End of an era–Schenley prepares to close its doors forever

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End of an era–Schenley prepares to close its doors forever

Erik Rauterkus

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Mark Roosevelt, former superintendent of the Pittsburgh Public Schools , predicted that it would cost $76 million dollars to remove the asbestos and make other necessary renovations to keep Schenley High functioning. In a later written statement Roosevelt stated that the district had, “limited funds to support our academic initiatives,” and that if funds were directed toward saving Schenley, taxes would have to be raised.

A school board meeting lasting past 11 in the evening  with hundreds of protesters speaking out against the closure of Schenley, a school board vote that went 5-4 in the favor of closing Schenley High School effectively  ended an era.

What a legacy it was, the school was erected in 1916 and named after Mary Schenley, whose land was used to build Schenley High School. Schenley was built with Indiana limestone and was the first high school in the country to cost over one million dollars to build.

It became a spectacle for the city of Pittsburgh, and when its doors opened in 1916, 1,800 students were already enrolled. The school continued to grow, reaching 3,012 students in 1940. Schenley High School became a beacon of light for the city through hard times, as the end of the steel industry left many in trouble.

Schenley High School was home of a rare three-manual Skinner pipe organ, which was presented to the high school in recognition of the quality of education the school  provided to the city. Schenley continued to grow as a high school, but began to transform in 1983 and became a national leader in furthering educational development in the United States.

In 1983, Schenley High School was renamed, the Schenley High School Teacher Center, and was at the forefront of American high schools for instituting the latest research on teaching high school students. The program also advanced the teaching skills of the teachers themselves. Schenley had truly created successful students,  including Andy Warhol and many others.

When Schenley was put on the National Register of Historic Places it once again showed what the building meant to the city. This was a great honor for the school, which is located in the Schenley Farms District in Oakland. Shaped in a triangle, it was a ‘green building’ before the term green building was used. The Schenley High School building was naturally ventilated. It was also renowned for its great usage of natural light. All class rooms, hallways, auditoriums, and gyms were naturally lit and needed very little artificial light. Schenley High School offered a great place for learning that many generations of Pittsburgh took advantage of.

Schenley was also home to the distinguished International Baccalaureate Program that is offered in 11th and 12th grade. This program consisted of intense courses that at the end of twelfth grade provided many students with college credit. Within this program Schenley  received a Golden Globe Award for an Outstanding Language Program.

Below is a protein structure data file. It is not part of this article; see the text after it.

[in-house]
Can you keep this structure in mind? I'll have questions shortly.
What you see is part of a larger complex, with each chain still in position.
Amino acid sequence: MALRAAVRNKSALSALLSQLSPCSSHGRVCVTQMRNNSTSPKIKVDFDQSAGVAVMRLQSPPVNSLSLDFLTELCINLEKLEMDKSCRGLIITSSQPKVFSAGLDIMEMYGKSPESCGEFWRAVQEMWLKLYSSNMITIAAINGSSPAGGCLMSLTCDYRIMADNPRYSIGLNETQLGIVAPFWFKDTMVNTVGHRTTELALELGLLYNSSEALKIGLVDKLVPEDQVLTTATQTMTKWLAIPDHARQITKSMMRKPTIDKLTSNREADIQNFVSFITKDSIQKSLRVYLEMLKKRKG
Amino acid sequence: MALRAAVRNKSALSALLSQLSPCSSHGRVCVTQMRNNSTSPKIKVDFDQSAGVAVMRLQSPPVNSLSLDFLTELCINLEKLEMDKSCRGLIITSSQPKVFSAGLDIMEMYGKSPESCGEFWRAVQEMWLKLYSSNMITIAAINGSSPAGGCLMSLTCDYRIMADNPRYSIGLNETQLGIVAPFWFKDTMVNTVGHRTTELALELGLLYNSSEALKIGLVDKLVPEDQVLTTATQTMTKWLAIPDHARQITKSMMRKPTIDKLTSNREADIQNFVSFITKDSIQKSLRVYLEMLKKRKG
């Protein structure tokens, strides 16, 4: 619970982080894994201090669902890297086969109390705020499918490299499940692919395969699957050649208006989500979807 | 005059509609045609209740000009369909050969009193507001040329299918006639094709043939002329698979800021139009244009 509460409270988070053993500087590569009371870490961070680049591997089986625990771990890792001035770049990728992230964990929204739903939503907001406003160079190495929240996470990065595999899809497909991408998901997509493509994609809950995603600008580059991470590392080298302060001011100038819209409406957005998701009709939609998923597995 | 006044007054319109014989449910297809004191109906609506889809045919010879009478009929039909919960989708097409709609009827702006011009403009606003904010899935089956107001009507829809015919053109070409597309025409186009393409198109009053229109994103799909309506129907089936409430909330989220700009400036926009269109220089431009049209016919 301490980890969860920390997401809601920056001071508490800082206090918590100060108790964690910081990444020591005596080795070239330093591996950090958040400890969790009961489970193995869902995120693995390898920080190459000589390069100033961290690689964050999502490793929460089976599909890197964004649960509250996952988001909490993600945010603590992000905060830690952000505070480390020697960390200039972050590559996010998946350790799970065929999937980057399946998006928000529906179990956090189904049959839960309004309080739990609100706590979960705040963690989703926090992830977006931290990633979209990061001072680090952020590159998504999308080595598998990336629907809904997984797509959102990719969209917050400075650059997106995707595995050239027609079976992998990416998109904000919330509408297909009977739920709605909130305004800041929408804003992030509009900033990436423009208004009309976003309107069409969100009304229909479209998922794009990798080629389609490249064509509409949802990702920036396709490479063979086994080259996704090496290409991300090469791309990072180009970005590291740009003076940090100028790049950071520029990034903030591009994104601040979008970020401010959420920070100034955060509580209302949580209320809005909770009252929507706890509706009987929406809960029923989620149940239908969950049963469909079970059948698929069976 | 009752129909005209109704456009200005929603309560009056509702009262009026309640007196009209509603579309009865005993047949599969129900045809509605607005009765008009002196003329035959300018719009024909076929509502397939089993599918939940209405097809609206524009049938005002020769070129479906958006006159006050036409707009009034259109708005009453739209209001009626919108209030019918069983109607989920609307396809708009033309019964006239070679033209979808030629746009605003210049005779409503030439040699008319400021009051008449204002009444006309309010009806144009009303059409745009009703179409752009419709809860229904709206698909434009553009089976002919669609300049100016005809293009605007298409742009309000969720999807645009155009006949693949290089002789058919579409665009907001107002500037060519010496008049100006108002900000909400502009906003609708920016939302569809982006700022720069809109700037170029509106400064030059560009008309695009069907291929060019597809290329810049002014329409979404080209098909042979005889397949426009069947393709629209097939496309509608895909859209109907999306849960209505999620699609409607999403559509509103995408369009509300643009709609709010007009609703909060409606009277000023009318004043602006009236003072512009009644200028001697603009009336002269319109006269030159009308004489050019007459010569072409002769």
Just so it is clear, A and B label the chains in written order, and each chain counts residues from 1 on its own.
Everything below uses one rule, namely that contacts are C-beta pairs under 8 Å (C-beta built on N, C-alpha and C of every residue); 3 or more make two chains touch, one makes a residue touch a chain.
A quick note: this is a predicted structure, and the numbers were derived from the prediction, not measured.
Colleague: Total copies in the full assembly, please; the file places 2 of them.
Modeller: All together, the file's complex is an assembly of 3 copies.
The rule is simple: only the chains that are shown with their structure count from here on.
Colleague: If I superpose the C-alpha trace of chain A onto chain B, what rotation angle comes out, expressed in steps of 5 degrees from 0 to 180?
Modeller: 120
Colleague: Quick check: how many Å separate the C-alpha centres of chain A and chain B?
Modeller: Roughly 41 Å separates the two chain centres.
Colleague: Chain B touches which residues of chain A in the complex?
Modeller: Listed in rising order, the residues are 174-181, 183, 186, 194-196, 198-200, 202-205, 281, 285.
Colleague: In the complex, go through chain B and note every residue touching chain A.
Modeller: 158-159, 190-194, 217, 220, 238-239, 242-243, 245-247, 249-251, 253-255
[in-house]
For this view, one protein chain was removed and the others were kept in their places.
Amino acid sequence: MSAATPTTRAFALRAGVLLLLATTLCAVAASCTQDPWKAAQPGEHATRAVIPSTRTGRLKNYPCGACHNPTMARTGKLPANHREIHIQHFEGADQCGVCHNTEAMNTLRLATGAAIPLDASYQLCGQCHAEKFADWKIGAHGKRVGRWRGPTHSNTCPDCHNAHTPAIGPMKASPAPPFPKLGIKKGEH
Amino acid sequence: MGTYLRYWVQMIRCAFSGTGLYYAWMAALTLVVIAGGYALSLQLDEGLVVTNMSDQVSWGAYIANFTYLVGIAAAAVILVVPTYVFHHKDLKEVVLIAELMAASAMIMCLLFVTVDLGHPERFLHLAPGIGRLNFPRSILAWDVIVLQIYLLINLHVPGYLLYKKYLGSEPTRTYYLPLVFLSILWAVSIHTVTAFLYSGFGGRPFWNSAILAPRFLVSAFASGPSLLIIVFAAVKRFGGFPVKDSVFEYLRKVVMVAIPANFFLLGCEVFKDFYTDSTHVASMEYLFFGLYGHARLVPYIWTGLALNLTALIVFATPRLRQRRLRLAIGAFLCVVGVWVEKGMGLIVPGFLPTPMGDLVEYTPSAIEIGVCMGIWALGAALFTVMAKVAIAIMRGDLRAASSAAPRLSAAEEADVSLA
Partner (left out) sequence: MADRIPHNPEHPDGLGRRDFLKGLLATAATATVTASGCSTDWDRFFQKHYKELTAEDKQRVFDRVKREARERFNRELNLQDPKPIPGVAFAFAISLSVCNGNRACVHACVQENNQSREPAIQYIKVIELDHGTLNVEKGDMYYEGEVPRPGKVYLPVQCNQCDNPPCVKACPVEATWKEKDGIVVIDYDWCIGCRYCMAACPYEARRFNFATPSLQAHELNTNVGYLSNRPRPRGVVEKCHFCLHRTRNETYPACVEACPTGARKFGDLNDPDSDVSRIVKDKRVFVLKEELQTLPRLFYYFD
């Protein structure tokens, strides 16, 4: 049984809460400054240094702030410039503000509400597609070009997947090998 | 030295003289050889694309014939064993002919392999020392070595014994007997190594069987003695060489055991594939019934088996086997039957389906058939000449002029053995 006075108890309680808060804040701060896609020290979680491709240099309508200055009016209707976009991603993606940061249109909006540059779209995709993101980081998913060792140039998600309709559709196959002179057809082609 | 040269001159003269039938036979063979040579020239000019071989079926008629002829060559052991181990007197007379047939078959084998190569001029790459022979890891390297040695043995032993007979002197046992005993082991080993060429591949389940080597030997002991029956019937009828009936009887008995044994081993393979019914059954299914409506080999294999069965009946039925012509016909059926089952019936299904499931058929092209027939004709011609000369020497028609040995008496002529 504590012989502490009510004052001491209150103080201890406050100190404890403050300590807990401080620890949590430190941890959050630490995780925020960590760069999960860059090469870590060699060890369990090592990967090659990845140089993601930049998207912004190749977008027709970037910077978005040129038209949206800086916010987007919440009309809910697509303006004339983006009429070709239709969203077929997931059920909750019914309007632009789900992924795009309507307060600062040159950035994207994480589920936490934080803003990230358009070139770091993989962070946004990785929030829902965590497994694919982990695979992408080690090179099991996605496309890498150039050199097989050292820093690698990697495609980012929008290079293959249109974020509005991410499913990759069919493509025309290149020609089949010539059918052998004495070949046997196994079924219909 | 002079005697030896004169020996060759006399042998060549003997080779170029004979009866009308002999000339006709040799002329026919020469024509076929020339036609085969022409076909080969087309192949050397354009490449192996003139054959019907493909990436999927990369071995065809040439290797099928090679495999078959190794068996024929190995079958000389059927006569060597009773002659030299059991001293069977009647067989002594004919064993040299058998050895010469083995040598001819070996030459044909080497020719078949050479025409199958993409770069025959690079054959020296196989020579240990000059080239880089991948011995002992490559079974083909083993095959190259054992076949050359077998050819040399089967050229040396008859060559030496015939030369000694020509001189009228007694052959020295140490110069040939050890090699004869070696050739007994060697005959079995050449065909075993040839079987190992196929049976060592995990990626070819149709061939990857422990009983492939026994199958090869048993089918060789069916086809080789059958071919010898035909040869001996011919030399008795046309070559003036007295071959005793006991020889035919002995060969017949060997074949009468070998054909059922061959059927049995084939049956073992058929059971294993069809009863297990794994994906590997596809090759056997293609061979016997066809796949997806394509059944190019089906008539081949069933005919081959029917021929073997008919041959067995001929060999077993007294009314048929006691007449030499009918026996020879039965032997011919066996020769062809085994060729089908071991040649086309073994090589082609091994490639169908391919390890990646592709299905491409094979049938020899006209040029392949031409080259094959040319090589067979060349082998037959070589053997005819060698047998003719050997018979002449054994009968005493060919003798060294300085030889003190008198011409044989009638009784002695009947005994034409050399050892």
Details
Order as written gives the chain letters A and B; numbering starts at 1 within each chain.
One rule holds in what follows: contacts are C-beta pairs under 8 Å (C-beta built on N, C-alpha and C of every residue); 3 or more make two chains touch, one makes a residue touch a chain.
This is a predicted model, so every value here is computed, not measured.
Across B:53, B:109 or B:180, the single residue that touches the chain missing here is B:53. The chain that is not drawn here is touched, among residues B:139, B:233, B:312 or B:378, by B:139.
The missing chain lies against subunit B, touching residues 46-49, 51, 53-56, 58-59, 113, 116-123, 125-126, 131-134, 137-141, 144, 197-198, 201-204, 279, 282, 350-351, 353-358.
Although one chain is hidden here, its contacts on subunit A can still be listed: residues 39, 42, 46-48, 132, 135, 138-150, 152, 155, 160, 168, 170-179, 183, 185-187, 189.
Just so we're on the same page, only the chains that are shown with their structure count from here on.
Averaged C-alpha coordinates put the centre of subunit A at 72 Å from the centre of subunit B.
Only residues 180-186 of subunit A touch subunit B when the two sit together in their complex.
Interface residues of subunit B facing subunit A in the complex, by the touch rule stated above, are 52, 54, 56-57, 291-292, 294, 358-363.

Not only was Schenley known for having top quality education but it also was renowned for its sports programs. During the 1970’s Schenley’s basketball team claimed many state titles. The Schenely basketball program became renowned once again in 2007, when Schenley’s DeJuan Blair led the team to another state title. Schenley’s basketball program is not the only excellent sports program the school has had,  as Schenley’s track, swimming, volleyball, and many other sports programs have proven their worth by capturing city titles and more. In the 2009-2010 school year, 9 of Schenley’s 16 varsity teams captured city championships, many times over their arch rival, Taylor Allderdice.

Schenley High School is not only known for its excellent academic and sports programs, but it has a distinguished arts department, as well. It is especially known for its musical, which has won many Gene Kelly Awards. The school also has a well-known steel band program that travels to perform their unique sound.

With one vote and much objection, it was decided that Schenley’s long legacy was over. The spring of 2011 will graduate the last students to ever receive a Schenley High School diploma. 29-8 was the score  as Schenley’s football legacy came to an end in the first round of playoffs. 88-71 was the score as Allderdice defeated Schenley’s boy’s basketball team in the semi-finals of the playoffs. The last musical that will have a chance at winning the distinguished Kelly Award is Seussical -The Musical. Schenley’s swim team grabbed their first title with only one year left in their program. With one more track season, Schenley’s track team will show their greatness once more. 177 students will be handed a diploma that reads Schenley High School. Those will be the last Schenley diplomas ever awarded.

With that name, Schenley, there is a distinguished record, a record of excellence in academics, sports, arts, and people. An era may be over, but the legacy will last forever.

Historical reference for this article came from The Pittsburgh Post-Gazette and Wikipedia.

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